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Decision time for PM’s promise on council referendum vote

The Prime Minister faces a decision on whether to put local government recognition to a referendum. The Municipal Association of Victoria is currently hosting the debate.

A hotly contested election is underway for board control of the Municipal Association of Victoria and the biggest issue for the 79 delegates from member councils is what to do with Julia Gillard’s promise to hold a referendum on constitutional recognition of local government.

Incumbent MAV president Bill McArthur along with key Liberal supporter Geoff Gough are currently in Canberra attending a two-day Australian Local Government Association board meeting where ALGA’s referendum position will be finalised. Timing is extremely tight as federal cabinet is expected to announce its final decision on whether to proceed with the referendum in March.

McArthur and Gough have both been sceptics during the constitutional recognition debate and both may be defeated after multiple challengers emerged in the current MAV board election, which concludes on March 1.

McArthur revealed at Wednesday’s MAV presidential candidates forum in Benalla that ALGA is seeking to establish a $10 million commitment for the referendum campaign and that Victoria’s share would be $3.2 million.

Unlike other states such as Queensland and South Australia, the MAV has been dragging the chain on the campaign funding question. Indeed, the Victorian local government sector currently has nothing more than a declared intention to pursue voluntary contributions from MAV members should the PM persuade colleagues she must keep her referendum promise and pose the question on September 14. Other states have firm commitments.

Victoria’s position is absolutely pivotal when you consider the PM is from Victoria, as is Local Government Minister Simon Crean. Victoria and WA are the only two state governments which have formally opposed the proposal and Abbott is on record supporting a specific change to s96 which, as identified in the Expert Panel report, would be amended to read as follows:

… the Parliament may grant financial assistance to any State or to any local government body formed by State or Territory Legislation on such terms and conditions as the Parliament sees fit.”

Who can argue with the idea Canberra should be able to directly fund a body created by state legislation? Gillard has just done precisely that this week with Victorian hospitals.

One interesting element in the campaign is the fact current MAV director and former ALGA chairman Geoff Lake, a key backer of the conservative ruling clique on the MAV board, aspires to succeed Crean in the federal seat of Hotham when he retires from federal Parliament. There has been talk Crean was previously rolled by cabinet on the constitutional recognition issue.

Lake was ALGA president when the sector nationally embraced the push for constitutional recognition at three-day summit in December 2008; I’m puzzled why his ALP-dominated Monash council has voted to give McArthur an historic six-year term when he is a known sceptic on the constitutional recognition question. It is ALP policy to support constitutional recognition and I’m running for MAV president as an independent explicitly on a pro-referendum platform. A cynic might say it sounds like Crean wants out of the referendum promise and the government is looking to blame a lack of enthusiasm or campaign funding from councils and the states. Victoria has been the worst in this regard, but that could all change with a new MAV board.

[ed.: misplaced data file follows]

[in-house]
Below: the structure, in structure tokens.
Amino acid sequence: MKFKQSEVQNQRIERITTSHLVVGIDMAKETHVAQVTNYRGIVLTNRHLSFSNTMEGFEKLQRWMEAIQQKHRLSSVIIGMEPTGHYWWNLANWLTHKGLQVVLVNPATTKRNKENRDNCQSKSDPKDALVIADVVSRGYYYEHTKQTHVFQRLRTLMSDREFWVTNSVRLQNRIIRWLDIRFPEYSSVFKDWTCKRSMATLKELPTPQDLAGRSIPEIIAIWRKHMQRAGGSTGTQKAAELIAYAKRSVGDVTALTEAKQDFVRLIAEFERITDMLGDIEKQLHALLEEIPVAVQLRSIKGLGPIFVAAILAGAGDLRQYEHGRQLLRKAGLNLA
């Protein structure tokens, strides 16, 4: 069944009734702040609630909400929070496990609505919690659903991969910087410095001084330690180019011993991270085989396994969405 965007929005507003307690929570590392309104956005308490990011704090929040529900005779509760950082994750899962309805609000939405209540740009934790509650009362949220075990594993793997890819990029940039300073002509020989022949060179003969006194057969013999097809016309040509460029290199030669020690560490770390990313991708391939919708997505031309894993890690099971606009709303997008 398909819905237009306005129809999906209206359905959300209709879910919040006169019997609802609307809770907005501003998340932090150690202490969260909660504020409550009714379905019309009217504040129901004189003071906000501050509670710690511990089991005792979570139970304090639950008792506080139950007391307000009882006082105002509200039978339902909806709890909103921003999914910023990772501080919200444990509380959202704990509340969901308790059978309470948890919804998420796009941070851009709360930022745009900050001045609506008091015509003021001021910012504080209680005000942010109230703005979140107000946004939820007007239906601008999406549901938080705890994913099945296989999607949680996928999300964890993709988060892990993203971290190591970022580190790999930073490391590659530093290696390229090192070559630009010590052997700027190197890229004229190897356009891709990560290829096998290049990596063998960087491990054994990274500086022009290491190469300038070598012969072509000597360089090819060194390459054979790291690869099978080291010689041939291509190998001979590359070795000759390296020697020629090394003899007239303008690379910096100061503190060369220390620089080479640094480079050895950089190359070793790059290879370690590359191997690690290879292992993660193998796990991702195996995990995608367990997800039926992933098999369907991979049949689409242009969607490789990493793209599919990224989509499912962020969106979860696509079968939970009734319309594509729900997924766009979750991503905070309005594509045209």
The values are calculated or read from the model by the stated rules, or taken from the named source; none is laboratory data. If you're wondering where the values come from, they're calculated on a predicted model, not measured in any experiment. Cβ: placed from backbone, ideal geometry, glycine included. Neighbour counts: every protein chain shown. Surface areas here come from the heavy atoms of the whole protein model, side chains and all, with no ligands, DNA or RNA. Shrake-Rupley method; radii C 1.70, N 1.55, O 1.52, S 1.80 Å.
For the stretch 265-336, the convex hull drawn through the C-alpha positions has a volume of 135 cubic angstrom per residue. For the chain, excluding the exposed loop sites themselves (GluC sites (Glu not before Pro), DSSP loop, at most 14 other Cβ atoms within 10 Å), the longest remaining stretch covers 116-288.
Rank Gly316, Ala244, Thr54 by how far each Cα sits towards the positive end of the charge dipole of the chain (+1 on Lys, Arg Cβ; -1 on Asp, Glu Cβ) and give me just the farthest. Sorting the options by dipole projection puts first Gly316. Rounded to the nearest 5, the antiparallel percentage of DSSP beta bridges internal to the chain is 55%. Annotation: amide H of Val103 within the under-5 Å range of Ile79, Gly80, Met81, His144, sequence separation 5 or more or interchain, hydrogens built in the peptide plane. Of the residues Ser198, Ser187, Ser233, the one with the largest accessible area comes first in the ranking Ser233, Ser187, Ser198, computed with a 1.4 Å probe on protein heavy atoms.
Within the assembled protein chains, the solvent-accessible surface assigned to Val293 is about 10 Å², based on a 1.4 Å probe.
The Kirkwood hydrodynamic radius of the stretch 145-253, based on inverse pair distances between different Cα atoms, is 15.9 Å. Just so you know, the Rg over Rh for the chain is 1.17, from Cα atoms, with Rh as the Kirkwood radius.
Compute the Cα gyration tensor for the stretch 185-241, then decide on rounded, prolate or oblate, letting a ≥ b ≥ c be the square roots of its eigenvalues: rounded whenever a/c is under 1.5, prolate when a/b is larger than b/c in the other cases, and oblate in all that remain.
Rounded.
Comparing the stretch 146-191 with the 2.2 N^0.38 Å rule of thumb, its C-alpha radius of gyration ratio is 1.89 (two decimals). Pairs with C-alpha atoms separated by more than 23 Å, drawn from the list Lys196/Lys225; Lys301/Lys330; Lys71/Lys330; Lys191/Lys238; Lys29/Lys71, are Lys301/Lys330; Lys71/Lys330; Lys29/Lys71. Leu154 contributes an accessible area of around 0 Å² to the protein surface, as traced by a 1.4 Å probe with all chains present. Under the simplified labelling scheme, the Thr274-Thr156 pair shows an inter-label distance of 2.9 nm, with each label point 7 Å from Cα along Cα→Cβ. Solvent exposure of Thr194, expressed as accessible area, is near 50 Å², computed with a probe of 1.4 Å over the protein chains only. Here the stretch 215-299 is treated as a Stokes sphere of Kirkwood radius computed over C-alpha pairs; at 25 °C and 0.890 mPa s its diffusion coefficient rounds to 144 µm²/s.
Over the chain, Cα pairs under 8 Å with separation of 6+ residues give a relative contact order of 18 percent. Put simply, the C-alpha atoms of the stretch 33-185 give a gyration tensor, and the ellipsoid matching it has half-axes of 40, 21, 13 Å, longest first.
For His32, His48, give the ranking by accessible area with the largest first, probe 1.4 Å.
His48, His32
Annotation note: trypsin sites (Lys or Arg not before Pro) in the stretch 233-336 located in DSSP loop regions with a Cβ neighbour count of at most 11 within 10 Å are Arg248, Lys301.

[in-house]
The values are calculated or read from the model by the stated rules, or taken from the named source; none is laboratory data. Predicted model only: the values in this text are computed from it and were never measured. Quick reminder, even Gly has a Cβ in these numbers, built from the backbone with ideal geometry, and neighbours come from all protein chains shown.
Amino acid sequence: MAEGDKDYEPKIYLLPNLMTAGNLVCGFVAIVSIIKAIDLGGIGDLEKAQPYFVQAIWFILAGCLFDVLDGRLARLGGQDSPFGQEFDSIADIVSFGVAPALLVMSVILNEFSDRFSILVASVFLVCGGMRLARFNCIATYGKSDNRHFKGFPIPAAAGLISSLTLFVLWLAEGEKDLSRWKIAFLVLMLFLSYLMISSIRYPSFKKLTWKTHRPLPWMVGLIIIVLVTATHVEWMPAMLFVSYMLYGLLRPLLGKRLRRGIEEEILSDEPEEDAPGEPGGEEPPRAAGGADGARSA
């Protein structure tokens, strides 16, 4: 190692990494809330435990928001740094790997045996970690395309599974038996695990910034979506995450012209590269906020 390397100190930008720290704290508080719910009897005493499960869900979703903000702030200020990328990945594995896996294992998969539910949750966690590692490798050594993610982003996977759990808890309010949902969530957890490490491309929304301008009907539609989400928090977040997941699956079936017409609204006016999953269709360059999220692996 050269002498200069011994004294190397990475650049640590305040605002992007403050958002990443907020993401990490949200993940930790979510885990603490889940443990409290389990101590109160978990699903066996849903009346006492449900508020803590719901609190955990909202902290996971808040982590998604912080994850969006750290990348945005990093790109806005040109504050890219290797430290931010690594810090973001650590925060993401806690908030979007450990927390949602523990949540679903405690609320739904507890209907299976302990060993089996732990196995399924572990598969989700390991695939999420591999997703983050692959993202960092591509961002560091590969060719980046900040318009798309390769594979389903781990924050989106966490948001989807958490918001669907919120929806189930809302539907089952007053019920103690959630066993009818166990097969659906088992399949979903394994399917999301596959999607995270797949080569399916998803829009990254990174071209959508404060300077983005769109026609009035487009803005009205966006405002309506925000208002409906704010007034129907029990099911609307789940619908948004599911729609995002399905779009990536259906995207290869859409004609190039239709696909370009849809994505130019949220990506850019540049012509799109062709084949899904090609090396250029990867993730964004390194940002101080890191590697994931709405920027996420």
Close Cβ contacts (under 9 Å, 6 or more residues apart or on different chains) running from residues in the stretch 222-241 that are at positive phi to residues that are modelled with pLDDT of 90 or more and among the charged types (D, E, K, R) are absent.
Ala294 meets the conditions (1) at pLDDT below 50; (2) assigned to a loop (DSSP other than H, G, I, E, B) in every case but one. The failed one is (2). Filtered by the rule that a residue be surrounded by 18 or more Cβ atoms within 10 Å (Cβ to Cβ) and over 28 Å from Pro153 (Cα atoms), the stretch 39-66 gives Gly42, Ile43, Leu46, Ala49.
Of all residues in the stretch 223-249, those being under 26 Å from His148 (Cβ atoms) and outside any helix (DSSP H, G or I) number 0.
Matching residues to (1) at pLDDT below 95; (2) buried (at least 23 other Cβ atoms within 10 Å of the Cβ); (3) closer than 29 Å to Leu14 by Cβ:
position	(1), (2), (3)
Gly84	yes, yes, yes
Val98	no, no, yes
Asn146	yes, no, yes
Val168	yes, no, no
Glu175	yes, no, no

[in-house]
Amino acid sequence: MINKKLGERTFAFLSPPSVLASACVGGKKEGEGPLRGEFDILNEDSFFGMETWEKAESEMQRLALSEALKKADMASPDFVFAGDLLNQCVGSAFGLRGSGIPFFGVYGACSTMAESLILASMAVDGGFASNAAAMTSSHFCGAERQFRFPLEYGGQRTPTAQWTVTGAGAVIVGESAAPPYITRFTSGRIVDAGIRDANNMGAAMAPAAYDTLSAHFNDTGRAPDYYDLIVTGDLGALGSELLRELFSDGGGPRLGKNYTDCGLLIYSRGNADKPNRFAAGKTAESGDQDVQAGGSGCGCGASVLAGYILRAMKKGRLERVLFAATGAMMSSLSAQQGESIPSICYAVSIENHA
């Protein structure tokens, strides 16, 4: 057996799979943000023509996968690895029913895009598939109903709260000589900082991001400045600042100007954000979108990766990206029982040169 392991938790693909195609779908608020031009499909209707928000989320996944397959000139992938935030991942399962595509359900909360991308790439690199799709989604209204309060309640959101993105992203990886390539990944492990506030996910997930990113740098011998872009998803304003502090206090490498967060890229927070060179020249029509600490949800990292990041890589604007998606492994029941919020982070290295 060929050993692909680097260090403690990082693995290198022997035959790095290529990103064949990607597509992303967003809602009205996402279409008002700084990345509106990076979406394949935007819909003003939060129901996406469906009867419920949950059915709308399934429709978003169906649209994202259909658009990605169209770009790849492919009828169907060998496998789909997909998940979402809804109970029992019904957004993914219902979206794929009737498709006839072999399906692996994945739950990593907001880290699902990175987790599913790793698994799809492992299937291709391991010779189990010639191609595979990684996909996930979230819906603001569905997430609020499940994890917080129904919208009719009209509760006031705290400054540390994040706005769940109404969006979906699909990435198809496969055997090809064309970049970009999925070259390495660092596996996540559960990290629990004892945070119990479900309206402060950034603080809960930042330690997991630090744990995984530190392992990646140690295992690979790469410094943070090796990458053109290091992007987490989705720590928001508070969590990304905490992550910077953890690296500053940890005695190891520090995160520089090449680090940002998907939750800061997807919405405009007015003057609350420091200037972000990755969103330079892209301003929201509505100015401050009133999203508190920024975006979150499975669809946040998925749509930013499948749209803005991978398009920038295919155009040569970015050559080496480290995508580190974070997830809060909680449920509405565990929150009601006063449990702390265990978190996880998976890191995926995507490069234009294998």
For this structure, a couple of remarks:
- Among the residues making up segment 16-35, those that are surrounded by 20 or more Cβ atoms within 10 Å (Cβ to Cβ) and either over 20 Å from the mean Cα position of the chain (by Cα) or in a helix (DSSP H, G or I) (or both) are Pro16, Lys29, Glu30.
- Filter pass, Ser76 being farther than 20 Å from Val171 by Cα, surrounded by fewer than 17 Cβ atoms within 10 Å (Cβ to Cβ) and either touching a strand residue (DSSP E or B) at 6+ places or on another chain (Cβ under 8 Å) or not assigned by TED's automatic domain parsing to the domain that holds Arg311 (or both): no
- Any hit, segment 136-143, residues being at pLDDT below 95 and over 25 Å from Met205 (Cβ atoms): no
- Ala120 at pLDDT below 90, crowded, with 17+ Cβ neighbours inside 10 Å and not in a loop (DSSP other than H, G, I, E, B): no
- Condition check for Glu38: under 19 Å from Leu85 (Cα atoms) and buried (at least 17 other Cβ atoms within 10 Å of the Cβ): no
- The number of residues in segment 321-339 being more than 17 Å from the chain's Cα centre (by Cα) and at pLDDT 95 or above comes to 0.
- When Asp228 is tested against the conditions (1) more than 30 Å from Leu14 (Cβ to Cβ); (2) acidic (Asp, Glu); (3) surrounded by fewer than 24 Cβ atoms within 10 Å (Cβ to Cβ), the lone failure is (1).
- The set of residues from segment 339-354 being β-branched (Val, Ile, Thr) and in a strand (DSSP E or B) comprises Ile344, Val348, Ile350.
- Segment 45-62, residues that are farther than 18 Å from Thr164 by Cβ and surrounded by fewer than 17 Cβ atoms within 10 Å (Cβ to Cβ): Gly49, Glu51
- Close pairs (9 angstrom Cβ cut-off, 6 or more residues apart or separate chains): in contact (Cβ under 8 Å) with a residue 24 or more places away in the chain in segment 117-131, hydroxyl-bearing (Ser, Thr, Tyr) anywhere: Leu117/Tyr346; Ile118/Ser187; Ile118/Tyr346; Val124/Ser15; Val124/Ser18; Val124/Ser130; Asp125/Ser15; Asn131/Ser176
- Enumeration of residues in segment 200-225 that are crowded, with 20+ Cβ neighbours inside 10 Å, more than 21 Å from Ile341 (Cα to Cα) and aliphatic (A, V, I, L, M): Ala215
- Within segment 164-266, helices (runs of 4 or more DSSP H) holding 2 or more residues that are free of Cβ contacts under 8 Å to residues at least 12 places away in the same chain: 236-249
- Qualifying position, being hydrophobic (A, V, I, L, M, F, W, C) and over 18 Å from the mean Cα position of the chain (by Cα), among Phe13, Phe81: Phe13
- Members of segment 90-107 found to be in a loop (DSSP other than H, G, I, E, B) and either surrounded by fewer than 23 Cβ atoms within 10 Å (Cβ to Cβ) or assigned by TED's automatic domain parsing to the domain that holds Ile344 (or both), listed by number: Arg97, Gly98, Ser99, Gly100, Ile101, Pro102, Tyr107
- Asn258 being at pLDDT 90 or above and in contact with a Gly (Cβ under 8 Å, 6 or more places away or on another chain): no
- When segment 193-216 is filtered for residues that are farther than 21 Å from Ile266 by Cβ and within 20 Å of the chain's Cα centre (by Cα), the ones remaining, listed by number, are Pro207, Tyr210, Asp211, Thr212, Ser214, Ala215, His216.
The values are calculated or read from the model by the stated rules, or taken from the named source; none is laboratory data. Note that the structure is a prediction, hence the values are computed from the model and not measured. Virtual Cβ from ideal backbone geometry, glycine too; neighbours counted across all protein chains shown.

Don’t for a moment buy this argument that somehow opposing state governments in WA and Victoria could run an effective “no” campaign along the lines that all federal flood relief, Roads to Recovery funding, school chaplain programs and the like have to go through state government bureaucracies before reaching local councils and the communities they represent. It would also be hard for Tony Abbott to project a more positive image by opposing constitutional recognition and the PM is surely keen to avoid being slammed for breaking yet another election promise.

With nine days of MAV voting left, there is growing momentum behind the idea of making this high-profile contested MAV board election a political catalyst for ensuring Gillard keeps her promise. There is clearly a mood for change; there’s even a chance MAV delegates, many of whom are elderly conservative men from regional councils, may elect a majority of female directors for the first time.

*Stephen Mayne is a Melbourne City councillor and MAV presidential candidate. He was not paid for this item.

3
  • 1
    Posted Friday, 22 February 2013 at 2:49 pm | Permalink

    Thanx for this report, but I don’t understand why any supporter of local government would oppose their constitutional recognition except for the basest of partisan motives.

    Can’t the Australian Government fund local councils directly already as corporations following he Workchoices decision?

  • 2
    Twomey Chris
    Posted Friday, 22 February 2013 at 5:21 pm | Permalink

    Wasn’t that a promise they made to the Greens (…which I guess means its out the window now with the agreement)?

    Surely thats a relevant fact Stephen…

  • 3
    Edward James
    Posted Monday, 25 February 2013 at 4:57 pm | Permalink

    Stephen Mayne I perceive this as a third tier of government distraction! Ratepayers /voters like me may trust you personally, but formalizing the activities of local council when so many of them are more like parasites on our backs. I do not thInk so! BTW We Australians are the ones who fund everything. Governments fund nothing! Edward James

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